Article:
Reicha: Wind Quintet in D major, Op. 91, No. 3

Wind Quintet in D major, Op. 91, No. 3 (for flute, oboe, clarinet, horn and bassoon) Published in 1819, when Reicha [Rejcha] was around 49 years of age.  Reicha's output during his Vienna years was prolific and included large semi-didactic cycles of works such as 36 Fugues for piano (in a "new method of fugal writing" which attracted the scorn of Beethoven and anger of Cherubini at the Conservatoire), L'art de varier (a set of 57 variations on an original theme), and exercises for the treatise Practische Beispiele (Practical Examples). During the later Paris period, however, he focused his attention mostly on theory and produced a number of treatises on composition. Works of this period include 25 crucially important wind quintets which are considered the locus classicus of that genre and are his best-known compositions. None of the advanced ideas he advocated in the most radical of his music and writings (not used in the 25 great wind quintets), including polyrhythm, polytonality and microtonal music, were accepted or employed by nineteenth-century composers. Due to Reicha's unwillingness to have his music published (like Michael Haydn before him), he fell into obscurity soon after his death and his life and work have yet to be intensively studied.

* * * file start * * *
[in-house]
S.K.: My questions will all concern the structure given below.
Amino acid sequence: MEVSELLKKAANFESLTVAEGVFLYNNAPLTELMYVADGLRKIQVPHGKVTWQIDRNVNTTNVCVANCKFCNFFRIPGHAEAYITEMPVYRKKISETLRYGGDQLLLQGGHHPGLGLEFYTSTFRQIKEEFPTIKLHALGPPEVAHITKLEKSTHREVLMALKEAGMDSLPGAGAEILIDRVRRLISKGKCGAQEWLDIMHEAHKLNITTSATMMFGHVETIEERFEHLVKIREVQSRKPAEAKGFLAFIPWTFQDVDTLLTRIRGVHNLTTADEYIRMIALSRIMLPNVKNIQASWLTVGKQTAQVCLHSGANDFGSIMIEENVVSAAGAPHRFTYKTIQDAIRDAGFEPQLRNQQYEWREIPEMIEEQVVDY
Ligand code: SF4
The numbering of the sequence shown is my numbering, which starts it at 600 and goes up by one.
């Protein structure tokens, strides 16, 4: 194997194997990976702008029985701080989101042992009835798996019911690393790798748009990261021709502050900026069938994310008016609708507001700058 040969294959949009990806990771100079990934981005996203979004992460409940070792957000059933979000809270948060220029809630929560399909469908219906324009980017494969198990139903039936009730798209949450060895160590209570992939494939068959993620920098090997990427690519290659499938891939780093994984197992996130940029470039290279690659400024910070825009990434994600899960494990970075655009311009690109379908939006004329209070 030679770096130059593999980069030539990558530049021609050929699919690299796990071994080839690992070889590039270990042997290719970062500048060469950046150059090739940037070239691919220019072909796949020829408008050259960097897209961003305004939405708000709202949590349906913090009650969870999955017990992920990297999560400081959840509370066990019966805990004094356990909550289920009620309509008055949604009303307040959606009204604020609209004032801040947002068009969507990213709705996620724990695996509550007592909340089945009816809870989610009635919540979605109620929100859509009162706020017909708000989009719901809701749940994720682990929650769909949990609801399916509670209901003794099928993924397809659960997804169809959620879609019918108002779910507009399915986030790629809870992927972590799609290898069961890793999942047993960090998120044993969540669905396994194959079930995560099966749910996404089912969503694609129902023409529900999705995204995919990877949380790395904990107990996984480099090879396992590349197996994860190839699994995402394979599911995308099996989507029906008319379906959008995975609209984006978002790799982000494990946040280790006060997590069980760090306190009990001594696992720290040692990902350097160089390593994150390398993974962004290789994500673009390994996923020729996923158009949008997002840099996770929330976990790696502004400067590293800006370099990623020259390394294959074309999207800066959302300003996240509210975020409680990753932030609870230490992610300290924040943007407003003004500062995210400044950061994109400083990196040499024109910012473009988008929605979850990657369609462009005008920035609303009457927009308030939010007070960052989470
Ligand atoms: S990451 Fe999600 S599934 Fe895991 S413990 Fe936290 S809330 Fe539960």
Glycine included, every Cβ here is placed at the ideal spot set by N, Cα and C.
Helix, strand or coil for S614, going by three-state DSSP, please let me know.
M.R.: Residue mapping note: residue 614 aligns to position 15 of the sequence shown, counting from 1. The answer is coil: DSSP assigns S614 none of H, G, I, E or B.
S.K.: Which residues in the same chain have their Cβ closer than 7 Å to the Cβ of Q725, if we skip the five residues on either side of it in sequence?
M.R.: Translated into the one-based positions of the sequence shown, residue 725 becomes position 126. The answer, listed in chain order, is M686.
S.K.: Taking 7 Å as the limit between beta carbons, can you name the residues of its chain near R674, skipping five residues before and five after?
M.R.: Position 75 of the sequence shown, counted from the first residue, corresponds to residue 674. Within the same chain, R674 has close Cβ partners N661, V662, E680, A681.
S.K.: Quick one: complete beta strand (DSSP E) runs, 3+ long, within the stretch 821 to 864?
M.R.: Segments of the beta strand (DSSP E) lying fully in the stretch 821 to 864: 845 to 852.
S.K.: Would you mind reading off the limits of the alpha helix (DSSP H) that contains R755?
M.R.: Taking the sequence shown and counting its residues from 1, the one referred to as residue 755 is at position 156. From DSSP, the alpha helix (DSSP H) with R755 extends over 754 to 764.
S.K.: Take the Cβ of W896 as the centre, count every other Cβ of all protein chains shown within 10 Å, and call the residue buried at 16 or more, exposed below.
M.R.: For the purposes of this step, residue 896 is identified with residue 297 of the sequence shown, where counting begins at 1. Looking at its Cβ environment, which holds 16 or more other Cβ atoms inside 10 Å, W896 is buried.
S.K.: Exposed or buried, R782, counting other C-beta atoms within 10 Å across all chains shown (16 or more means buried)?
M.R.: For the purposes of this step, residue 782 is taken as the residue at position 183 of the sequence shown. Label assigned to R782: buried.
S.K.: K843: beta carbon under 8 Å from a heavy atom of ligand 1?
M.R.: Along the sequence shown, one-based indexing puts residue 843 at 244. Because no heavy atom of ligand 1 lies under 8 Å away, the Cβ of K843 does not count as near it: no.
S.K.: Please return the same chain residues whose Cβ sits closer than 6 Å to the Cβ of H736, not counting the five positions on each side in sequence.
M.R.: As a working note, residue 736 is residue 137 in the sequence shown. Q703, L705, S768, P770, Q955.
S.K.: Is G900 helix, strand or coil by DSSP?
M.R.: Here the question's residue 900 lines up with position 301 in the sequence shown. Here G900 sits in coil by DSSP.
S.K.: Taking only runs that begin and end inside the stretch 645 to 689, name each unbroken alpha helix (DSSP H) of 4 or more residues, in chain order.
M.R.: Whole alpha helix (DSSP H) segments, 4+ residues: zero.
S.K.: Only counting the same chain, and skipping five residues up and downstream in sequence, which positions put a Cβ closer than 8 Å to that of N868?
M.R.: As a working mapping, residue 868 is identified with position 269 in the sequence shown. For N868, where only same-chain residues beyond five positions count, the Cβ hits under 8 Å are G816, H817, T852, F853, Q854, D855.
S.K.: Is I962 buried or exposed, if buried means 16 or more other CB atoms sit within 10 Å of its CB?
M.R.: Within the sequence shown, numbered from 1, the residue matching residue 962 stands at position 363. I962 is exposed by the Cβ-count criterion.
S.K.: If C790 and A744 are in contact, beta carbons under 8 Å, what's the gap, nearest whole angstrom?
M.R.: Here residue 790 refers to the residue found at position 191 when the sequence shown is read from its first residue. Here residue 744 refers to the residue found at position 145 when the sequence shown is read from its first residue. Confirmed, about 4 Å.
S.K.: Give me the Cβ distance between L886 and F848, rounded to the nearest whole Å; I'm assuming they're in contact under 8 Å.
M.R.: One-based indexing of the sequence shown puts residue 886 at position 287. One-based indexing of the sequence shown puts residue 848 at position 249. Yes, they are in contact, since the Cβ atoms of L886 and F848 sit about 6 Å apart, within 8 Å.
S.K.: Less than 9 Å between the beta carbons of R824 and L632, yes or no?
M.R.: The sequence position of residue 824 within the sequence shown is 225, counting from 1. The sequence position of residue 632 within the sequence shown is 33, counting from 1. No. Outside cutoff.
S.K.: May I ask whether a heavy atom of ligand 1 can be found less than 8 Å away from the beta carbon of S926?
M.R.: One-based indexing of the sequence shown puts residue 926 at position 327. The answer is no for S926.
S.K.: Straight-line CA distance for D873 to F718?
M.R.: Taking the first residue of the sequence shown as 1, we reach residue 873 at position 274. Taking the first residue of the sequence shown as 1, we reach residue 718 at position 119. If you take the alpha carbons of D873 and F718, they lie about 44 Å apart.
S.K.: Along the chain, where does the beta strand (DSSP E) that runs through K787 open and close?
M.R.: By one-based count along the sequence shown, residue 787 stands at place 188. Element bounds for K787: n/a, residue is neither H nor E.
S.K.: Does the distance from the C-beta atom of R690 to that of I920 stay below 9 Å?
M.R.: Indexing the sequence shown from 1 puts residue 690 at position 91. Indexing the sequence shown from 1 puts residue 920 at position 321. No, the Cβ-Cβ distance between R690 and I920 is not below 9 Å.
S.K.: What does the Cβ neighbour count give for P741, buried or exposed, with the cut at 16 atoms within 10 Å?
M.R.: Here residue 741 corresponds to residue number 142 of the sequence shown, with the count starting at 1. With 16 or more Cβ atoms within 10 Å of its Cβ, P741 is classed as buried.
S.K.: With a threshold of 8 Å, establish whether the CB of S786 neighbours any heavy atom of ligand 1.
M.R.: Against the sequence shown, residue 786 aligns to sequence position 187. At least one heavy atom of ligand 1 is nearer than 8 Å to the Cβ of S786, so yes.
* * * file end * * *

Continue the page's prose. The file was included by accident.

PHOTO [right] Anton Reicha's gravestone at Père Lachaise, Paris


 VIDEO: Anton Reicha Quintet in D Major - Op 91 No.3 Movement 1 EDQ Flute: Jasper Goh Clarinet: Benjamin Wong Oboe: Veda Lin Bassoon: Emerald Chee Horn: Alan Kartik Esplanade Recital Studio 7 AUG 2013